1.4 Analysis Under Article 101 TFEU

Next, the ECJ analyzed rules on prior approval of and access to competitions under article 101 TFEU. The ECJ held that, although the rules on the prior approval of and access to competitions may include the pursuit of legitimate objectives, such as e.g. ensuring compliance with the principles, values and rules of the game which underpin professional sport, these rules confer on the sports federations the power to authorize, control and determine the conditions of access to the relevant market for any potentially competing undertaking. They thus also confer on the sports federations the power to determine both the degree of competition which may exist on that market and the conditions under which that potential competition may be exercised.

According to the ECJ, as regards the adoption or implementation of rules for the prior approval of and access to competitions by associations which are responsible for football at world and European level and which at the same time carry out various economic activities related to the organization of competitions, the key question is whether there is a framework containing substantive criteria and detailed procedural rules capable of ensuring that they are transparent, objective, non-discriminatory and proportionate. In the absence of such a framework, the adoption and implementation of such rules by associations constituted a decision by an association of undertakings which has as its object the prevention of competition. Therefore, in the absence of such a framework, the prior approval rules would be within the scope of Article 101(1) TFEU, without it being necessary to examine the actual or potential effects of the rules.

This conclusion itself is not surprising, as the aim of these rules is obviously to prevent unauthorized competition. The key question, however, is whether the rules can be justified.

1.5 Potential Justification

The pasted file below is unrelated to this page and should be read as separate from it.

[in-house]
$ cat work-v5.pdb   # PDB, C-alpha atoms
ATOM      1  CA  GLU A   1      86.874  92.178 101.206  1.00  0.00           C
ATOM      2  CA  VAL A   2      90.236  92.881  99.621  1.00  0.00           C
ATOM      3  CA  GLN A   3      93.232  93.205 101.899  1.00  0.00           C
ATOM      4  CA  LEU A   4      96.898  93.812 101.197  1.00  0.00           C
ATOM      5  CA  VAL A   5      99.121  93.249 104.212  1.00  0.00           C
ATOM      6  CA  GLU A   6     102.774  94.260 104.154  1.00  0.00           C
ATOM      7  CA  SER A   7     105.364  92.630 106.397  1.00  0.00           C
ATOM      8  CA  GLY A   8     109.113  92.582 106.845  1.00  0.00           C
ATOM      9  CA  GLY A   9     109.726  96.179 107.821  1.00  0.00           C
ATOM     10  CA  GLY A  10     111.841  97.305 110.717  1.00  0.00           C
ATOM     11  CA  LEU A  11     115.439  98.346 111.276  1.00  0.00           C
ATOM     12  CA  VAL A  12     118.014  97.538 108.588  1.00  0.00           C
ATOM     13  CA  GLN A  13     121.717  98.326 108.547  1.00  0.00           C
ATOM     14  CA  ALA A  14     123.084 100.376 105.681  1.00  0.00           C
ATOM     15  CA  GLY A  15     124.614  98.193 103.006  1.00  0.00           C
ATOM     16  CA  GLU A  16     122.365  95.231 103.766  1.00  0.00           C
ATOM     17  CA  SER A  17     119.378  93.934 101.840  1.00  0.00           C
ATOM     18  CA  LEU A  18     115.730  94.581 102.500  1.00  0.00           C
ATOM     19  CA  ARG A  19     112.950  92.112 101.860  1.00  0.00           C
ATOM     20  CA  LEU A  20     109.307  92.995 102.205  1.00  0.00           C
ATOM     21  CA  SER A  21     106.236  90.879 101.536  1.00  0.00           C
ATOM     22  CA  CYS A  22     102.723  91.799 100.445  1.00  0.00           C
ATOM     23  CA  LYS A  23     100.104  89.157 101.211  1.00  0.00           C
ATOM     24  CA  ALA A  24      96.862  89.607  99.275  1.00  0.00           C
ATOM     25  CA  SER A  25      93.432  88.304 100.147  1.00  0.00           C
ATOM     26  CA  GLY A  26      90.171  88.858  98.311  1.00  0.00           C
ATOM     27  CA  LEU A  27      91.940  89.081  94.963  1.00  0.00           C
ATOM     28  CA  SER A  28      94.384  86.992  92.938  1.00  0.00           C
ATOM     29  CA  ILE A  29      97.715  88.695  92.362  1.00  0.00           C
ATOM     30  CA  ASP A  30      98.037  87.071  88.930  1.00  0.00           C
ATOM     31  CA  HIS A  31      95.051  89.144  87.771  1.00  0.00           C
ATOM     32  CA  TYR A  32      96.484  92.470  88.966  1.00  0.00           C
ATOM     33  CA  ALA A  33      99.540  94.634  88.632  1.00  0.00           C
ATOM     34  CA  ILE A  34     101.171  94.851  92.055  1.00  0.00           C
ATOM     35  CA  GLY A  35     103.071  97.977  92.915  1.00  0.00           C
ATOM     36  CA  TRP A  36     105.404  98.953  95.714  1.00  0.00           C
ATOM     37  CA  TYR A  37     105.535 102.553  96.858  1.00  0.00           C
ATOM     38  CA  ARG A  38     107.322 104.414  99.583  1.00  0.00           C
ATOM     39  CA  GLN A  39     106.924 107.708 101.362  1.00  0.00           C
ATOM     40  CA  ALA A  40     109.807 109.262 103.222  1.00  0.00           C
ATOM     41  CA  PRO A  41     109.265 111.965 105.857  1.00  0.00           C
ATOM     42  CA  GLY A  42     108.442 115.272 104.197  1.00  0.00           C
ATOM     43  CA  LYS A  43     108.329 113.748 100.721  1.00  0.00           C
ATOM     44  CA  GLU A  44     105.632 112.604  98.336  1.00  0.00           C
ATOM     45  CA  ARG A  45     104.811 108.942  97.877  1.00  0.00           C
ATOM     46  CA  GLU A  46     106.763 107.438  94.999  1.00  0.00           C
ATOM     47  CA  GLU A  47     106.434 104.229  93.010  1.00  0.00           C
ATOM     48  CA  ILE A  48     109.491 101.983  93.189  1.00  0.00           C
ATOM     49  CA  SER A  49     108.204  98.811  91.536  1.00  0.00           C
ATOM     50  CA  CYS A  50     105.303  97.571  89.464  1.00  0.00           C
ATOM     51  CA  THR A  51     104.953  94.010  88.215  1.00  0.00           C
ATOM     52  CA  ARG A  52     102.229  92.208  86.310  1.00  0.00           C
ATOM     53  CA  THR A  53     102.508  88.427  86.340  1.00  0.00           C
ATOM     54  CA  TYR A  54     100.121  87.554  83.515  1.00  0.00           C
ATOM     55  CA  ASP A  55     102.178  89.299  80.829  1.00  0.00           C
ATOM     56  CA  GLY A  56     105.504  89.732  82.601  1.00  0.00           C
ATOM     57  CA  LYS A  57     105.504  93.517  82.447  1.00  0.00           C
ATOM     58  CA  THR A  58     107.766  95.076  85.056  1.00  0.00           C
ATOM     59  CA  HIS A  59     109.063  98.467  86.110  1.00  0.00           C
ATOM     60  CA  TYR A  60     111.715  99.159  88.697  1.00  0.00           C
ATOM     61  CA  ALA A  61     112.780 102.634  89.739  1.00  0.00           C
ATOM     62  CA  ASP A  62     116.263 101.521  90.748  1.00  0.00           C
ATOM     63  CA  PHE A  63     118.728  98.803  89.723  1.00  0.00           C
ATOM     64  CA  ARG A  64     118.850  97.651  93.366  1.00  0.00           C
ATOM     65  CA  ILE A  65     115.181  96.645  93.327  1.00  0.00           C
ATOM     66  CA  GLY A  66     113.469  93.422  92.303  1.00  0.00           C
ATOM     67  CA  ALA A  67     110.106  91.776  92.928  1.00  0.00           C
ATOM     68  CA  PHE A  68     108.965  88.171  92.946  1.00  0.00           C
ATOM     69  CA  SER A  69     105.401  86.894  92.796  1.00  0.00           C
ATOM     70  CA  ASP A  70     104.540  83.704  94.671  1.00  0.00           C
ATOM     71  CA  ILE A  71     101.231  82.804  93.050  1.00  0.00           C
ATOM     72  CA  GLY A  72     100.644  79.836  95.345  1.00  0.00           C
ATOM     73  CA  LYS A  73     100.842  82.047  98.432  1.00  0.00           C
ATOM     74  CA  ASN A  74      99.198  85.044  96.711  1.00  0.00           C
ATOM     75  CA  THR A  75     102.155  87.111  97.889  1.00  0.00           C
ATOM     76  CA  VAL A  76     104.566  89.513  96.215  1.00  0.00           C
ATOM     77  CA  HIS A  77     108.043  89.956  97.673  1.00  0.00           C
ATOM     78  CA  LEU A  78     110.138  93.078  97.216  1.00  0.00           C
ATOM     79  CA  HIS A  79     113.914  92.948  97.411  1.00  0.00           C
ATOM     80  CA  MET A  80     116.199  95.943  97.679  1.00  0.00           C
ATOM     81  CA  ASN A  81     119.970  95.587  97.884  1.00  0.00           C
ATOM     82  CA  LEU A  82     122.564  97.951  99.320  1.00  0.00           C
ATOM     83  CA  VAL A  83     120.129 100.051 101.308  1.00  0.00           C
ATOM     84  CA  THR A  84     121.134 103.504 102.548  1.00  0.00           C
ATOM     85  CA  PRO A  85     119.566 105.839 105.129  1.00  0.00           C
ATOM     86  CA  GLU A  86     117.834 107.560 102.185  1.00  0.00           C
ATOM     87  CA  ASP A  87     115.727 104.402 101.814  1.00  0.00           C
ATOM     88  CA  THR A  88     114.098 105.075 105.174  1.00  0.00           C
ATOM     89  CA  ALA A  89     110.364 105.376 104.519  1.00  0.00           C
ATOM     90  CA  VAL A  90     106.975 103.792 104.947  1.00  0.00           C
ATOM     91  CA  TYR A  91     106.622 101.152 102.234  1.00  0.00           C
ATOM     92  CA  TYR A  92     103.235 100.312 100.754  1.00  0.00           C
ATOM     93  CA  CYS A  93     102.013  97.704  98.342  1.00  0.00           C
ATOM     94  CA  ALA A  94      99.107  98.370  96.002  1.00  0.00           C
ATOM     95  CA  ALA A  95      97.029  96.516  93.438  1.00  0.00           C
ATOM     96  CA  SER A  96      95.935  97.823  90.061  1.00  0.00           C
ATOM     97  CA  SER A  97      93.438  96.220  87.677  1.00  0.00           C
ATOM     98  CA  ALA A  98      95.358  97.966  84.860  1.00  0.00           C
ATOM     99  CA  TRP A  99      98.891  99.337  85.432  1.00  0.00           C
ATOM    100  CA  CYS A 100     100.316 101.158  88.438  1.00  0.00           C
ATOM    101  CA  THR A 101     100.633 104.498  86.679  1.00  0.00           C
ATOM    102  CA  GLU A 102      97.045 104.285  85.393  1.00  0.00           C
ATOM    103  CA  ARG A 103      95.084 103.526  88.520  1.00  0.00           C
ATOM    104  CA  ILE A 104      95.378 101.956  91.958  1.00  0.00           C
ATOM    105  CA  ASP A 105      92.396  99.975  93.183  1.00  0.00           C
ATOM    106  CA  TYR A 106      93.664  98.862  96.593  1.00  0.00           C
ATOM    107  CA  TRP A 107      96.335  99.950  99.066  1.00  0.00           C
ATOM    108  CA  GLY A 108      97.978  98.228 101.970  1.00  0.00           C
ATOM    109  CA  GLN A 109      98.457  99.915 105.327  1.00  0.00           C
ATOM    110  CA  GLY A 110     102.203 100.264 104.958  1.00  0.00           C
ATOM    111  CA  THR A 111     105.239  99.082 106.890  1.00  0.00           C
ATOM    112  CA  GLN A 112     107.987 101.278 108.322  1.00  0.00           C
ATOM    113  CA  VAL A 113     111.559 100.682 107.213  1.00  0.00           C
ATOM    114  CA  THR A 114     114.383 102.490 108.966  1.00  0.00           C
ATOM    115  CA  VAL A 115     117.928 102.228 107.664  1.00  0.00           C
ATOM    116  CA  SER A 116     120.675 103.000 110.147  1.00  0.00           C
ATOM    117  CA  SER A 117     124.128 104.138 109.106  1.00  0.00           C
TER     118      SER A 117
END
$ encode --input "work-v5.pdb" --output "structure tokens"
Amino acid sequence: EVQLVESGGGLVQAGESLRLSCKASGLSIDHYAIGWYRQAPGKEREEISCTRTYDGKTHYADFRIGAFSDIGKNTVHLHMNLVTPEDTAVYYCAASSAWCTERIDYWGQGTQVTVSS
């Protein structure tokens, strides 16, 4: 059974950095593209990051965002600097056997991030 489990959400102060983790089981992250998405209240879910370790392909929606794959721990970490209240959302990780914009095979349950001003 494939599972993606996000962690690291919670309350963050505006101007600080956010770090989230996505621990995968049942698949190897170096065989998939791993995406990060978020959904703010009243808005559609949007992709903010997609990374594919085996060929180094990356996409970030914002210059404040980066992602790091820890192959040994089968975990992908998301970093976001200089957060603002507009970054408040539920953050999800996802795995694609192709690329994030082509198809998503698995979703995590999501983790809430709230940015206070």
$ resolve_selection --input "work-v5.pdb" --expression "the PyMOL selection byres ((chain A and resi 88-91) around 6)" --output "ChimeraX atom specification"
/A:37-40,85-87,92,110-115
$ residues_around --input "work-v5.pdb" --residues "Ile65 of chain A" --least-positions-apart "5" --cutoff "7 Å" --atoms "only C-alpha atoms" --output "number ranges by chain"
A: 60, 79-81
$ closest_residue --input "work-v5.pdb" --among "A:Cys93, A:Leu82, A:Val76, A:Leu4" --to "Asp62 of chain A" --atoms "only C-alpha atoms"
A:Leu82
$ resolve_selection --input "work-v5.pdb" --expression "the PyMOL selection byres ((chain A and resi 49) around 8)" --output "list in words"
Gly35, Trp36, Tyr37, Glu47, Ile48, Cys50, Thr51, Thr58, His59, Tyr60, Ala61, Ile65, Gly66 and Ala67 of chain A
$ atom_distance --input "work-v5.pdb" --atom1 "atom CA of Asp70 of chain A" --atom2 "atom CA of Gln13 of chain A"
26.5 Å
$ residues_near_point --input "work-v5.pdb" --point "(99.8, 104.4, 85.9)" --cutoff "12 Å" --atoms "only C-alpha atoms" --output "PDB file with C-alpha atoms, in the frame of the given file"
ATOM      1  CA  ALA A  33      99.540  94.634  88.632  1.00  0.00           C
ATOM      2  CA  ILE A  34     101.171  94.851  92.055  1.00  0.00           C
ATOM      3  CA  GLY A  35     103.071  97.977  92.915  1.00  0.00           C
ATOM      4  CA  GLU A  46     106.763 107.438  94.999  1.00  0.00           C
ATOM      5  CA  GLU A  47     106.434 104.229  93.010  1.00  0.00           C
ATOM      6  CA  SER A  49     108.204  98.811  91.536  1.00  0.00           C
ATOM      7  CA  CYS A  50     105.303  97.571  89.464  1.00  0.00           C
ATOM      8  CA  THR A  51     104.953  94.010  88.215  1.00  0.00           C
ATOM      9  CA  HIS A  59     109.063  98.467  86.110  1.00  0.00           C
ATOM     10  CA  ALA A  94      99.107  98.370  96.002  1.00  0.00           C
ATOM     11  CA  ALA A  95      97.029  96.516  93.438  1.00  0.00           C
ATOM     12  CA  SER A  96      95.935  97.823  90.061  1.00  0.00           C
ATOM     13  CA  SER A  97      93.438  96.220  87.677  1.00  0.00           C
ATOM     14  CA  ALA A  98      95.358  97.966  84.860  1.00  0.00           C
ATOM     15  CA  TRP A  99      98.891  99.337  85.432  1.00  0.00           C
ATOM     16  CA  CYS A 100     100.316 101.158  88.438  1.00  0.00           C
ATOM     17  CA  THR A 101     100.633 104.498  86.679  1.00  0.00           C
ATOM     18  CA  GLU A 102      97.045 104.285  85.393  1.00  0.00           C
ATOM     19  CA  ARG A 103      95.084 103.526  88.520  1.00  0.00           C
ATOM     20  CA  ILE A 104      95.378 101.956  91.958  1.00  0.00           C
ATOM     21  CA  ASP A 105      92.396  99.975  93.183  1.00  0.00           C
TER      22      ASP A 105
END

The ECJ hence examined whether the rules on prior approval, participation and sanctions at issue may either benefit from an exemption or be considered justified.

With regard to Article 101 TFEU, the ECJ first examined whether the rules can be justified. The Court first addressed the scope of the so-called Wouters or Meca-Medina exemption. Certain specific types of conducts, such as ethical rules or principles adopted by an association, may fall outside the scope of the prohibition in Article 101(1) TFEU if they can be justified, even in cases when they have an inherent restrictive effect on competition. However, for this to be the case, they must be justified by the aim of pursuing legitimate objectives in the public interest, which may not per se be anti-competitive in nature, and the specific means used to pursue those objectives must be necessary and proportionate to that aim (cf. the ECJ’s prior case law in this regard, specifically Wouters and Others, C‑309/99 and Meca-Medina and Majcen v Commission, C‑519/04 P).

The ECJ concluded that its previous case-law on justification, and specifically the justifications set forth in the Wouters / Meca-Medina decisions, cannot be applied in situations involving conduct that by its nature infringes Article 102 TFEU, as well as in situations in which such conduct reveals a sufficient degree of harm to justify a finding that has as its ‘object’ the prevention, restriction or distortion of competition within the meaning of Article 101 TFEU.

The ECJ then examined whether an exemption could apply. According to Article 101(3) TFEU, ain a given case is subject to four cumulative conditions: i) it must be demonstrated with a sufficient degree of probability that the agreement allows efficiency gains, ii) it must be demonstrated, with the same degree of probability, that a fair share of the profit resulting from these efficiency gains is reserved for the users; iii) the agreement in question must not impose on the participating undertakings restrictions which are not indispensable to the attainment of such efficiency gains; and iv) the agreement must not give the participating undertakings the opportunity to eliminate effective competition for a substantial part of the products or services concerned.